Most job-seekers worry about being under-qualified for a position, but what if you're overqualified? You may decide to apply for jobs for which you are overqualified for a variety of reasons. You might be looking for a change of pace, you might want to get more hands-on experience with new technology, you could be looking to spend more time with family or you may want to pursue a new degree. Oftentimes, it's because people have climbed the corporate ladder and are looking to step out of the corporate rat race, according to Jon Mazzocchi, managing director at WinterWyman.
Whatever the reason, there is always the potential that a hiring manager will overlook your resume after viewing your vast experience. It's not always ageism or discrimination, sometimes it's just a fear that you will get bored if you aren't challenged. And a bored employee might make for a less productive employee, or one who doesn't stick around.
You may also be more qualified than the person doing the hiring, Mazzocchi says. "If they have stronger experience, knowledge or expertise than the hiring manager themselves, then they may be less inclined to look at them."
It isn't impossible, however, to get a job for which you're overqualified. You just have to have the proper strategy. Here are seven tips on how to get a job when you're overqualified.
Scale down your resume
You don't want to lie on your resume, whether you're adding or glossing over information. But there are some elements you can omit if you want to under-play your qualifications.
"There are ways and techniques people employ to take information off their resume," says Mazzocchi. "You can take the first couple jobs off if you want and instead of putting dates of graduation, just put the schools you went to and not the dates."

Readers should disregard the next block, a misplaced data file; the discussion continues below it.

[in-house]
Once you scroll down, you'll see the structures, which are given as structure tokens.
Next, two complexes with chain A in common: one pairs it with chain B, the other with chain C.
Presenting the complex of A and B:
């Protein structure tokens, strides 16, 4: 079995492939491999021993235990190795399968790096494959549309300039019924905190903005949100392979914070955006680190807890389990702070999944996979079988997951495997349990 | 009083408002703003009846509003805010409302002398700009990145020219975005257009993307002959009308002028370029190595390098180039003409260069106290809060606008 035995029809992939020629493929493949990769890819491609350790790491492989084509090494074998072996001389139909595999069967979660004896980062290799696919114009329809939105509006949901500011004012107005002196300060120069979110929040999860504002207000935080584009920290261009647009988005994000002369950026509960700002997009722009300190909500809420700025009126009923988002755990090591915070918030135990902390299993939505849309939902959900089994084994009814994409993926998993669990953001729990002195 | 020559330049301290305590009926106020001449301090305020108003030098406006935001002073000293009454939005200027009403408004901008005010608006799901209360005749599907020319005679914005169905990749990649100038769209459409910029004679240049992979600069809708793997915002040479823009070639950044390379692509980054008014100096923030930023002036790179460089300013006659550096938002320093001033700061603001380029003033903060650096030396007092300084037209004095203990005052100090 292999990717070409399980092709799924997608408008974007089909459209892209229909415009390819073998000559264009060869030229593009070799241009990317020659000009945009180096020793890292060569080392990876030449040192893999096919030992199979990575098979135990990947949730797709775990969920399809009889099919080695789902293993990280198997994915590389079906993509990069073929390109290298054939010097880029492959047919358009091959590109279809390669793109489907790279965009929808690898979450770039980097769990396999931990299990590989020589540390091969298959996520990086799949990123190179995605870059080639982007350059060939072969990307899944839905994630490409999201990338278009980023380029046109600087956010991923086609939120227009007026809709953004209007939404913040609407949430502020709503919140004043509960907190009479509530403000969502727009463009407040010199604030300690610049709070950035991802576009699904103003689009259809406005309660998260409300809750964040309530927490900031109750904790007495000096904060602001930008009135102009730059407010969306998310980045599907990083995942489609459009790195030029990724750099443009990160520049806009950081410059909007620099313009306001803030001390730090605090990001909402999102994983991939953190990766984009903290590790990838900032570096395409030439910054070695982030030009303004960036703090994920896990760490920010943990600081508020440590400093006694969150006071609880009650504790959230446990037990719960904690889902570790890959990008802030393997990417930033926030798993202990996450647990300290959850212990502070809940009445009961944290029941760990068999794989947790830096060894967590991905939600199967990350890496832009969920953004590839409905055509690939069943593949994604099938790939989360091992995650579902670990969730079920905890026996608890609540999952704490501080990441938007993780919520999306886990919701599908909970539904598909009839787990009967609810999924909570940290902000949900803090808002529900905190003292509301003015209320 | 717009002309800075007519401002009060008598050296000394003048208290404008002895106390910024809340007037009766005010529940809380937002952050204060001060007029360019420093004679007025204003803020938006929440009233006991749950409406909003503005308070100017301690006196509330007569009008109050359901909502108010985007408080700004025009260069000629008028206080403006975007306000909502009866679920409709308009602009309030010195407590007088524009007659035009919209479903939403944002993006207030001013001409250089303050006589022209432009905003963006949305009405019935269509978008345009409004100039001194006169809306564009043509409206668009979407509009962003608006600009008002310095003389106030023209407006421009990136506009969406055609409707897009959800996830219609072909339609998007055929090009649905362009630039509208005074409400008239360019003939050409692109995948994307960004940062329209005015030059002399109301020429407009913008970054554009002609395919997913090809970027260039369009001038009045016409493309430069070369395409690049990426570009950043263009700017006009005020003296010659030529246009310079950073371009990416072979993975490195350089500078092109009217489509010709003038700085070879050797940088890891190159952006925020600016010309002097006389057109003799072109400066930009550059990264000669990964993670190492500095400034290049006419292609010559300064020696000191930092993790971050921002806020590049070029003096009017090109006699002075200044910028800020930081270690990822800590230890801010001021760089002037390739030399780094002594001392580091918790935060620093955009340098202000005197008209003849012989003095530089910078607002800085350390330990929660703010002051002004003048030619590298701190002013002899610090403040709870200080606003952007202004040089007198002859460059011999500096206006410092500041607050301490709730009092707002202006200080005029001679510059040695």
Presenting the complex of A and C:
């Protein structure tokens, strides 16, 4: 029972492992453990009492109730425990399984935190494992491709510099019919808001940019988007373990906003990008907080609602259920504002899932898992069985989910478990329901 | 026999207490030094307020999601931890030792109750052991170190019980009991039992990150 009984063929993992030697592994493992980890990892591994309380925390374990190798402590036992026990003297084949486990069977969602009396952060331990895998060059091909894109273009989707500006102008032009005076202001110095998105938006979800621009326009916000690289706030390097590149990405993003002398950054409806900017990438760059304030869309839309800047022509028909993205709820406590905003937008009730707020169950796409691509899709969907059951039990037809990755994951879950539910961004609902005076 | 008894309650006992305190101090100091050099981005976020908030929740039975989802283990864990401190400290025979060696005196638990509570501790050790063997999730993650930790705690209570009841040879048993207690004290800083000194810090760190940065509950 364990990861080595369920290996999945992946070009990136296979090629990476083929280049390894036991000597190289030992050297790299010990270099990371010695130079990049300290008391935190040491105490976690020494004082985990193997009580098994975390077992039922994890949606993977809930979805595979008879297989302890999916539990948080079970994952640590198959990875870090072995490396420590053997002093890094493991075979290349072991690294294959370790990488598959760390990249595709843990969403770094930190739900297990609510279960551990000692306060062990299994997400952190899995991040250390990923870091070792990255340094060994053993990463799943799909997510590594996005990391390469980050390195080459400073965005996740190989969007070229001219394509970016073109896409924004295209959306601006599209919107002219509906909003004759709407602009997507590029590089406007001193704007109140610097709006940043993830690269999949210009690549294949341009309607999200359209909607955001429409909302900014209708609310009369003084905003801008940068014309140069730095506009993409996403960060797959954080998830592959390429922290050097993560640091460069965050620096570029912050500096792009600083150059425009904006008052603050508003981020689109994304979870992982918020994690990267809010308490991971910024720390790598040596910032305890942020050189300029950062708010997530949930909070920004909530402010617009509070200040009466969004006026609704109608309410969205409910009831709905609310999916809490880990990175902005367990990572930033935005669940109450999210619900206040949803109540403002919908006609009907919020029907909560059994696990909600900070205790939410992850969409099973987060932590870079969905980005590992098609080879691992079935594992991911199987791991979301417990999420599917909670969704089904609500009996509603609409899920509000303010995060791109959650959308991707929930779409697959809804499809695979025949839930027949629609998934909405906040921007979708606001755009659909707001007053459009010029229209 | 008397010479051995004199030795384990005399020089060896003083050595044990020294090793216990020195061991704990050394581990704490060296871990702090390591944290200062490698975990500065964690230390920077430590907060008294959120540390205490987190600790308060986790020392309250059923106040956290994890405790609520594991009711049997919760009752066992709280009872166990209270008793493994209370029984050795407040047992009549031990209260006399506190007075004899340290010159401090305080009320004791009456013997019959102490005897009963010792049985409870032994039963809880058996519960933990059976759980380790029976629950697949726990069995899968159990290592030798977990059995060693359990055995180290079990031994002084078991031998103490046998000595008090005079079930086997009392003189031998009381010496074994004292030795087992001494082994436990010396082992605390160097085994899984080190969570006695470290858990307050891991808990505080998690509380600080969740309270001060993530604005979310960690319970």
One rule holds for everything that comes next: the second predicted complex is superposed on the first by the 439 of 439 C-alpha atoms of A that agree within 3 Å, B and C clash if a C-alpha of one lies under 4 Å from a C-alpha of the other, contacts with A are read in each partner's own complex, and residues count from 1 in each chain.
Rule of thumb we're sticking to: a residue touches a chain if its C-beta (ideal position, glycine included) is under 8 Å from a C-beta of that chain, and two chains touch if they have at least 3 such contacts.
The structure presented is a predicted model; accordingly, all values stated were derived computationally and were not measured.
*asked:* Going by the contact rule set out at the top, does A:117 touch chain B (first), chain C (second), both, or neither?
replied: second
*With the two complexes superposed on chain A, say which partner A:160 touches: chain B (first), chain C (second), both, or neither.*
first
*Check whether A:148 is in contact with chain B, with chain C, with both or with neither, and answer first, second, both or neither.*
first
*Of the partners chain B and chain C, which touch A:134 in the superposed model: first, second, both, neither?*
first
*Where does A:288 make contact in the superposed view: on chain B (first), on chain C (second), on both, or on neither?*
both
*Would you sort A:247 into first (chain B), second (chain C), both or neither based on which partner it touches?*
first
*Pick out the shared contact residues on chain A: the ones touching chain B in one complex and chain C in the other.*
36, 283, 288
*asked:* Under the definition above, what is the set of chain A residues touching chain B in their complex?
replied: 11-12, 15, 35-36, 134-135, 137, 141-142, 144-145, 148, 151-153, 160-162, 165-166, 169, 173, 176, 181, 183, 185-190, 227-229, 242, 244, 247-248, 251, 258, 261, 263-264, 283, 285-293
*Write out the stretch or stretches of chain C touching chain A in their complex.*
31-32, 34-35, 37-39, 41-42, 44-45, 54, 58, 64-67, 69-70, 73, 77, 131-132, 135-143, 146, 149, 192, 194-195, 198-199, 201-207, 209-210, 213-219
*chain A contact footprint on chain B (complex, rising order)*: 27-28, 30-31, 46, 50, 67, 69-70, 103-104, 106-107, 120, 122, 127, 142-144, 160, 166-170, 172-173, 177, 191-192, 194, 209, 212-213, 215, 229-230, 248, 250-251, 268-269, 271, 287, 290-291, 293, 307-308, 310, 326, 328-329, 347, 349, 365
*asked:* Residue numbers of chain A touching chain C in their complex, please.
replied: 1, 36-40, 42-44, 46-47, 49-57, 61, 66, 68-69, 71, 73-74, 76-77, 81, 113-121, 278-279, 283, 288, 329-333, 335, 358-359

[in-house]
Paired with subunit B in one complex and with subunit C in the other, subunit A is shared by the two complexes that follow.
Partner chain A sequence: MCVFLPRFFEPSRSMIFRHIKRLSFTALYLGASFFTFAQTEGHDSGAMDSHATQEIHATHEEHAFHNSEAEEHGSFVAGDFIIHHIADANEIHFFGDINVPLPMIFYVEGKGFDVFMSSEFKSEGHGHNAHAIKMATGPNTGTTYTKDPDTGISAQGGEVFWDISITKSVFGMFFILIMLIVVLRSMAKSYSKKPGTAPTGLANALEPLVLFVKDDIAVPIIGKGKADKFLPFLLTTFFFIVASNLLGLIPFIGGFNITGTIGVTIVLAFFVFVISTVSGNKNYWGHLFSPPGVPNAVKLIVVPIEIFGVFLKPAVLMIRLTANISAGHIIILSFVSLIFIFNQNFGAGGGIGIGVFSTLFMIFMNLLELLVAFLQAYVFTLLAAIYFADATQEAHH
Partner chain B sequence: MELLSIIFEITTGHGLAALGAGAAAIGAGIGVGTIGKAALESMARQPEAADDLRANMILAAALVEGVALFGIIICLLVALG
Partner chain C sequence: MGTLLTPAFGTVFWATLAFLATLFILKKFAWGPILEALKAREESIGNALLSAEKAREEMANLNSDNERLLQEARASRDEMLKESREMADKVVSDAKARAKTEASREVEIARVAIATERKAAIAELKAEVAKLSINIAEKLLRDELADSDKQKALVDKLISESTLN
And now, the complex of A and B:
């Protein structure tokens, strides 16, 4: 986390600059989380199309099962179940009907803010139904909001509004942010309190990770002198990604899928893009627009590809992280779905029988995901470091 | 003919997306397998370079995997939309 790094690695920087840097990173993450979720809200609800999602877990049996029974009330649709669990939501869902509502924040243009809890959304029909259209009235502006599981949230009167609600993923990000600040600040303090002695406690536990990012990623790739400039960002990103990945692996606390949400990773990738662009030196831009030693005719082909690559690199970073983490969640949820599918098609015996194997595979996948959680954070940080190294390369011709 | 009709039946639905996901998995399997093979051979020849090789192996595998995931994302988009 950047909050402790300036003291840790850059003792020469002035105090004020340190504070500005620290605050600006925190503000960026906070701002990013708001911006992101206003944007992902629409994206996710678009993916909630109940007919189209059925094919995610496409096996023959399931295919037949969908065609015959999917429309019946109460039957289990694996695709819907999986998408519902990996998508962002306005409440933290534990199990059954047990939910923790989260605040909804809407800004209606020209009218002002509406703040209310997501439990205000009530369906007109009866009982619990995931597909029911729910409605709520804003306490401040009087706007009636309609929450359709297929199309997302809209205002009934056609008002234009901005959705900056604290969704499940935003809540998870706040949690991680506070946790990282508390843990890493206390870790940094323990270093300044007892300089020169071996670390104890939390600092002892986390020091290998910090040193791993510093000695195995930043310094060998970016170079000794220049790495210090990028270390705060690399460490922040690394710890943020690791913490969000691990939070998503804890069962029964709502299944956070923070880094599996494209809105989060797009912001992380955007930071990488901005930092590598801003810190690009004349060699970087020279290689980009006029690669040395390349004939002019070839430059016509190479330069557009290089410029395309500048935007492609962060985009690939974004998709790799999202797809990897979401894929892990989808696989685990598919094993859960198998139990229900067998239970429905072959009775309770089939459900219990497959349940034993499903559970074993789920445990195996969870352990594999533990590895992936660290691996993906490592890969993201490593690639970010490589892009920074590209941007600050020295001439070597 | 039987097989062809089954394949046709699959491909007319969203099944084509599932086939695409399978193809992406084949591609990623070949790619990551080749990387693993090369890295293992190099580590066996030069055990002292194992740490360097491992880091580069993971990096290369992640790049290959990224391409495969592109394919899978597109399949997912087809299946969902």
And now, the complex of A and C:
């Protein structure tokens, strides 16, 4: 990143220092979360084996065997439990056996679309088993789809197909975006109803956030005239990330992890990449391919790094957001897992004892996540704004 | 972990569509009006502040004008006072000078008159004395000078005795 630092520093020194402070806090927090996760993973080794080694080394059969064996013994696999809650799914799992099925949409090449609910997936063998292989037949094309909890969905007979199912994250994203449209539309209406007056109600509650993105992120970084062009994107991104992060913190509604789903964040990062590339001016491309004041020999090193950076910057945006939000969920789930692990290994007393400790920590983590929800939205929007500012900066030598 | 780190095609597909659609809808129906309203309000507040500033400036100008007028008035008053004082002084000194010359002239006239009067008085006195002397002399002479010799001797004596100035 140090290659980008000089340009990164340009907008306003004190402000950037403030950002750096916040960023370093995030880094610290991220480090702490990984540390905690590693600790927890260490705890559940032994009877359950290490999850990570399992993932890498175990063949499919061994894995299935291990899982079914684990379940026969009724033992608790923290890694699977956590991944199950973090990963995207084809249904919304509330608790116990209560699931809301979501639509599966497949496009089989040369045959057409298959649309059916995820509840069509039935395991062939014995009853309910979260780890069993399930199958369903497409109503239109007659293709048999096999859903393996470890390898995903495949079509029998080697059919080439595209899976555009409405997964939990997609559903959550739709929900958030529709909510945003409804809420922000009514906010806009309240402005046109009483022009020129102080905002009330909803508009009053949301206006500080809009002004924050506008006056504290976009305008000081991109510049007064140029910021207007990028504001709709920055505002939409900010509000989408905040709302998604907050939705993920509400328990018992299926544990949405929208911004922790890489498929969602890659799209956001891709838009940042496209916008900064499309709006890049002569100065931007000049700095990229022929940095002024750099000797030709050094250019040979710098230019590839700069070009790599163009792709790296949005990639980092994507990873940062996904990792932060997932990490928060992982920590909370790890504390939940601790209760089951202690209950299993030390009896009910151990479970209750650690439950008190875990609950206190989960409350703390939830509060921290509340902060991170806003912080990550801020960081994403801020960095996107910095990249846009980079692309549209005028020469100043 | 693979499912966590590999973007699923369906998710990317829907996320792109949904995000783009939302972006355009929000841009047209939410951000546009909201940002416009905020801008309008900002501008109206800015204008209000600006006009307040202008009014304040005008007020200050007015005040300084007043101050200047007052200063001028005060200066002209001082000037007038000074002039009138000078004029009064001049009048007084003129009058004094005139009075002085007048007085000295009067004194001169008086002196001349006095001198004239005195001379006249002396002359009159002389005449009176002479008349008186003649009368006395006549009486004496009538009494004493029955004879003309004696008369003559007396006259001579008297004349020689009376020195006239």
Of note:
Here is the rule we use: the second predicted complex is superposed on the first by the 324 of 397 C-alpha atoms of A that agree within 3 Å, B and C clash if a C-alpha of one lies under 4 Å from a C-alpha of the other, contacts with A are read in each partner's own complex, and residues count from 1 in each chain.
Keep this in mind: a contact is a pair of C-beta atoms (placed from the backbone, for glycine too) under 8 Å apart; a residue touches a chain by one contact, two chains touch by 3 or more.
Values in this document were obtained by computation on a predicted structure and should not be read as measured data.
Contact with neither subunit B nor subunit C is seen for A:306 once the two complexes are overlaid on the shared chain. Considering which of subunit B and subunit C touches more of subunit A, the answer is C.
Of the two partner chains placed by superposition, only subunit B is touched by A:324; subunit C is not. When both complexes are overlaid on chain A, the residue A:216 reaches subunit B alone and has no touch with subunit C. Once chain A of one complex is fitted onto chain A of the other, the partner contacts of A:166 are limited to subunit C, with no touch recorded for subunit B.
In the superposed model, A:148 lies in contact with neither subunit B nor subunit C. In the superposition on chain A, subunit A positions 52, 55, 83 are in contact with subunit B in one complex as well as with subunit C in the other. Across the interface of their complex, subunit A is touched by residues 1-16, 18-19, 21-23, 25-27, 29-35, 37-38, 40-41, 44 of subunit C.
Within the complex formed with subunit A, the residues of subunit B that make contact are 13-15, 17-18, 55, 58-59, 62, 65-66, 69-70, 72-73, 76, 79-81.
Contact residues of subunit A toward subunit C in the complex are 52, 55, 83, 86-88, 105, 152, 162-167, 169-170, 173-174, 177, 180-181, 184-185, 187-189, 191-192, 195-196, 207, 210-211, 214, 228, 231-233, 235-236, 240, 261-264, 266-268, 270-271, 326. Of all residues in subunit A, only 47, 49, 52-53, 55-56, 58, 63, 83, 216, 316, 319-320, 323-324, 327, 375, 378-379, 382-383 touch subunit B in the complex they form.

You should be prepared to answer truthfully about any dates and past employment if a recruiting or hiring manager asks, but it's a technique that might prevent them from overlooking your resume for the position at first glance.
This tactic is especially useful if you want to break into another industry, says Mazzocchi, as opposed to those who want to take a step down in their current industry. If you decide to get into a different industry, it gives you more leeway to play with your resume by positioning your experience for the job you want, rather than the job you have.
Avoid raising the red flag
Before you rush to water down your resume, you want to avoid raising any suspicion for the person reviewing your CV. "There are also potential red flags for recruiters or hiring managers. If you see someone's resume and it started in 2005, and their first position was manager or director, they're going to assume there's more to that," says Mazzocchi.
This is especially true in an age where we all have some form of a digital footprint, so if you hand in a resume that doesn't match your LinkedIn profile or personal information on other social networks, the changes on your resume might work against you. You don't want to start off on the wrong foot, with a recruiter or hiring manager who may be suspicious of your motives.
Kelly Donovan, an executive resume writer, says to avoid changing any job titles, because it can lead to fast rejection if a company tries to verify your employment, only to find you have listed a different job title. She says it's safer to change the descriptions of your past and current positions; you can omit the number of people you have managed, budgets you've been in charge of and your responsibilities within each role.